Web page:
Click the link below to read the full article.


Full Article: WP Developer Blog – Todd Brix

Extra properties when data binding

When you are binding data there are additional properties that allow you to format the display and to handle errors and null values. These are a valuable addition to any data bound control to ensure your user has a great experience.

The StringFormat property allows you to add any standard .NET format string that matches the type you are binding to, the FallbackValue instructs the binding on what to display if the binding fails and the TargetNullValue instructs the binding on what to display if the value bound to is null.

Full Article: Jesse Liberty

Panorama Backgrounds & Minimised AppBars

Before the Mango update, Windows Phone developers were advised against using the application bar with a Panorama control. This was somewhat changed with the Mango which includes a new minimized mode for the application bar. This mode can be accessed using the Mode-property of the application bar.

For example the built-in People hub uses this new mode. But if you cycle through the panorama items in the People hub, you’ll notice that there’s one panorama item where the application bar is shown in its default mode. This is a nice behavior because it draws the user’s attention to the functionalities provided by the application bar. And this same behavior has been replicated by many 3rd part applications. But be careful with it, because in its current state, changing between the two different modes may cut some pixels from your panorama’s background.

Mikael Koskinen has written a short piece on how to overcome this problem and ensure a continuous user experience.

Full Article:

Microsoft Advertising SDK for Windows Phone in the UK

The Microsoft Advertising SDK was only available in the US for the initial Windows Phone launch. With the release of Mango however, 11 additional countries were added including the UK.

What does this mean? It means it’s really simple to integrate advertising into your Windows Phone application (or game, Silverlight or XNA). Microsoft Advertising Network servers deliver ads to your users and you get a share of the advertising revenue.

In-App advertising can offer a great alternative mechanism for monetizing your apps. Instead of charging up-front, you offer the app for free and make money through advertising. Or you offer a free, ad-supported version alongside a paid, ad-free version. Experimenting with different models may itself prove to be a very worthwhile investment!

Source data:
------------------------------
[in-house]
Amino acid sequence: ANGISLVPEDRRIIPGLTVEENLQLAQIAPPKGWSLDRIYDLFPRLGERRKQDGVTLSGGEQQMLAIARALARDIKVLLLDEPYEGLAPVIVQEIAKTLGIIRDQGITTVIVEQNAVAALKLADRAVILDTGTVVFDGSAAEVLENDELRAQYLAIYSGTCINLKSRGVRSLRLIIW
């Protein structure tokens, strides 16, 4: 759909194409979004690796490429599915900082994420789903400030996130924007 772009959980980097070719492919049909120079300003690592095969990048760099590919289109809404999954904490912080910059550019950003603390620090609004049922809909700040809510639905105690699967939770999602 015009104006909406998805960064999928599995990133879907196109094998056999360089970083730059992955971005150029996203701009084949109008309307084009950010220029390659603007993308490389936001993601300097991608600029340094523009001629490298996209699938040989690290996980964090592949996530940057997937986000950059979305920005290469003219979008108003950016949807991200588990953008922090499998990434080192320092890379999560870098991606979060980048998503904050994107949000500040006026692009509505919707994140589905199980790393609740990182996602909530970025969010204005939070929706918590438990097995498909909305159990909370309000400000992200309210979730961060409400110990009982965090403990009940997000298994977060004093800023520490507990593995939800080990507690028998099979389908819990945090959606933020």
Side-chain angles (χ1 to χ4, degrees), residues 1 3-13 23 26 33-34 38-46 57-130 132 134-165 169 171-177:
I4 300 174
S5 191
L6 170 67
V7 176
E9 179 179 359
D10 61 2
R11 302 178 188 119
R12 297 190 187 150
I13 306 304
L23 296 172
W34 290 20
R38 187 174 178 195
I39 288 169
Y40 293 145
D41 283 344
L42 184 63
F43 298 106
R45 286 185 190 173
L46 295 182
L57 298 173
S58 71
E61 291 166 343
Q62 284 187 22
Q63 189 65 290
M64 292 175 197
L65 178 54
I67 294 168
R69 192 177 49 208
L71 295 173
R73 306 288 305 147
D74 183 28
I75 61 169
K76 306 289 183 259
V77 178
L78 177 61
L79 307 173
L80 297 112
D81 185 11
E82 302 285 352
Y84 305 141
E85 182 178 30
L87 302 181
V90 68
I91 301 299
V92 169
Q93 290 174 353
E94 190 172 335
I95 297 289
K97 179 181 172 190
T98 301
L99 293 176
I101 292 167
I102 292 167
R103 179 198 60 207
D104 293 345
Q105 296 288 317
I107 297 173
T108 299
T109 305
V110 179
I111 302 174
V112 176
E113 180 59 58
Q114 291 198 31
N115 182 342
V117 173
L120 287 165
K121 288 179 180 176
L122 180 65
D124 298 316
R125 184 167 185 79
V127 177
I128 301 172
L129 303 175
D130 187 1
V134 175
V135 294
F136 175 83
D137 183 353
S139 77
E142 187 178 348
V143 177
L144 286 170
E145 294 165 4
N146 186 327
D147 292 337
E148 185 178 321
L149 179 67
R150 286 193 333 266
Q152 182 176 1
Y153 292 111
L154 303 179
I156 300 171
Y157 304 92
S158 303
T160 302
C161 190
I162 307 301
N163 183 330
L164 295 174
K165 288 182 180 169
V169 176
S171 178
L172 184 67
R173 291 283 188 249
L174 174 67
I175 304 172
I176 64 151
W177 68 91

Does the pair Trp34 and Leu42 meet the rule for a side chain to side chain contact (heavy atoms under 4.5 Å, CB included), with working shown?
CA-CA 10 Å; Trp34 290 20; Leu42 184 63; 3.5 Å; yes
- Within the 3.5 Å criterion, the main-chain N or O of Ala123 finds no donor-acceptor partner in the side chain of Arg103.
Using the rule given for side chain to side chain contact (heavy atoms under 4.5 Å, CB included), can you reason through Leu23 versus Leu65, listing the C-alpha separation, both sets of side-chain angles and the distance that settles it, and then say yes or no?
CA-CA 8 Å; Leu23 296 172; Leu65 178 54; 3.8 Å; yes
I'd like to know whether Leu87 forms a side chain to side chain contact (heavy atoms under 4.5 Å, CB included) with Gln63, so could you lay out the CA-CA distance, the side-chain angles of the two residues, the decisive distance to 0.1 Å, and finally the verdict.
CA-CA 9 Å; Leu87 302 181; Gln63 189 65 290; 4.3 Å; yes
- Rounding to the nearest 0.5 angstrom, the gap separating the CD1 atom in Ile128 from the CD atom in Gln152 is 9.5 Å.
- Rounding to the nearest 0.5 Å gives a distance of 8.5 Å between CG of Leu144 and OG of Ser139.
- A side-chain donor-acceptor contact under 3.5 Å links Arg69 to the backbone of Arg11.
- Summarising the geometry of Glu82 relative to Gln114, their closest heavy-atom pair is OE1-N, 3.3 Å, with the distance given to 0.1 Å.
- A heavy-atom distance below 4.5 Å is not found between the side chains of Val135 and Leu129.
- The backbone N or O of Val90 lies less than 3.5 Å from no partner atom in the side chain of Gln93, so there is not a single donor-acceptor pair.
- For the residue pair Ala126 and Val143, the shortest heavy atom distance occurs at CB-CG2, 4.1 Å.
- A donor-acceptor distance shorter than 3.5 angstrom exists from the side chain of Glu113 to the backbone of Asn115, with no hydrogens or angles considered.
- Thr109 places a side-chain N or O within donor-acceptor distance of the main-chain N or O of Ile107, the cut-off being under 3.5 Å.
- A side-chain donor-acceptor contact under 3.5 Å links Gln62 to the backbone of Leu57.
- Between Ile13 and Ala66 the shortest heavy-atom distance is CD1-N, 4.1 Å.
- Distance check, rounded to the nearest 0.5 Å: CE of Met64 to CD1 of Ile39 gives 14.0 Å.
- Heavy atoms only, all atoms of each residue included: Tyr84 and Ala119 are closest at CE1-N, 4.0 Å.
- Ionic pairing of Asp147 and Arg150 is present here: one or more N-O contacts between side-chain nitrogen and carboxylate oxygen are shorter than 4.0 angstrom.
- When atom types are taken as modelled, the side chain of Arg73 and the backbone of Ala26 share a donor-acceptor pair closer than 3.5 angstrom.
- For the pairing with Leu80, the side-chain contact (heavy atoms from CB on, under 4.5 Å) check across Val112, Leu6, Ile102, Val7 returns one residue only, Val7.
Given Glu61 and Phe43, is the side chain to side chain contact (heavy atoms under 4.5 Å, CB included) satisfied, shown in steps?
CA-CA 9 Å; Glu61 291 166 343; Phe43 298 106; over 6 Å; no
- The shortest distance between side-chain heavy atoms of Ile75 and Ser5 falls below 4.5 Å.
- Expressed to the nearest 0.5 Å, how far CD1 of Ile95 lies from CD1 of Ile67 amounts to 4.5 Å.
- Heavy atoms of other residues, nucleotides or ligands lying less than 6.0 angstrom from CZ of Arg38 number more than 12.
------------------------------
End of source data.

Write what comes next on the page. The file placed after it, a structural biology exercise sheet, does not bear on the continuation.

Mike Ormond has written a quick post on how to implement the Ad SDK into your Windows Phone Project.

Full Article: Mike Ormond’s Blog

Using full container width for ListBoxItem

A couple of days ago I was building a ListBox for a wp7 app which required the ListBoxItems to use the full width of the container. I tried to apply some of my WPF knowledge to fix the problem, using HorizontalAlignment=”Stretch” but to no avail. It took me ages to find a work around & I ended up using fixed width’s. For now, a fixed width solution is okay in portrait mode, but if I wanted the app to support both orientations, I would need a better solution.

This morning I stumbled across this post which explains that there is a bug in the coding for the WP7 Silverlight ListBox and the correct XAML code to fix it. Click the link below to read the full article.

Full Article: Timdam’s blog

Music Voice Command using WP7

I’ve already tweeted this a few days ago, but thought it needed a special mention. The other day The Verge picked up on the video from @KeyboardP. At the time the video was only posted as a proof of concept, but I have to say, that it’s awesome. Following the initial response from the video, KeyboardP has put together a quick FAQ which answers people’s immediate questions. It’s definitely worth a watch & I can’t wait for the first release.

Full Article: The Verge
Via: @KeyboardP

Using the system tray to show progress bar in wp7 mango

So here is a welcome discovery. After implementing the PerformanceProgressBar in my first NoDO app, I really thought that there needed to be a simpler way to implement a progress indicator…and now it’s here.

Ducas Francis has written up a quick piece on how to use the new built in progress bar that can be found within System Tray, along with an overview of the other additions new to Mango

Full Article:
Via: WindowsPhone Geek

How to stop toolkit transitions affecting performance

With the new Mango toolkit now fully released, there’s no excuse for poor performance. When building any new mango app using the new Performance Analysis is a must. This helps identify any threads in your app which are severely impact the runtime performance.

This article by Matt Lacey, explains how he identified a problem with the toolkit transitions, which can impact performance in a major way.

Full Article: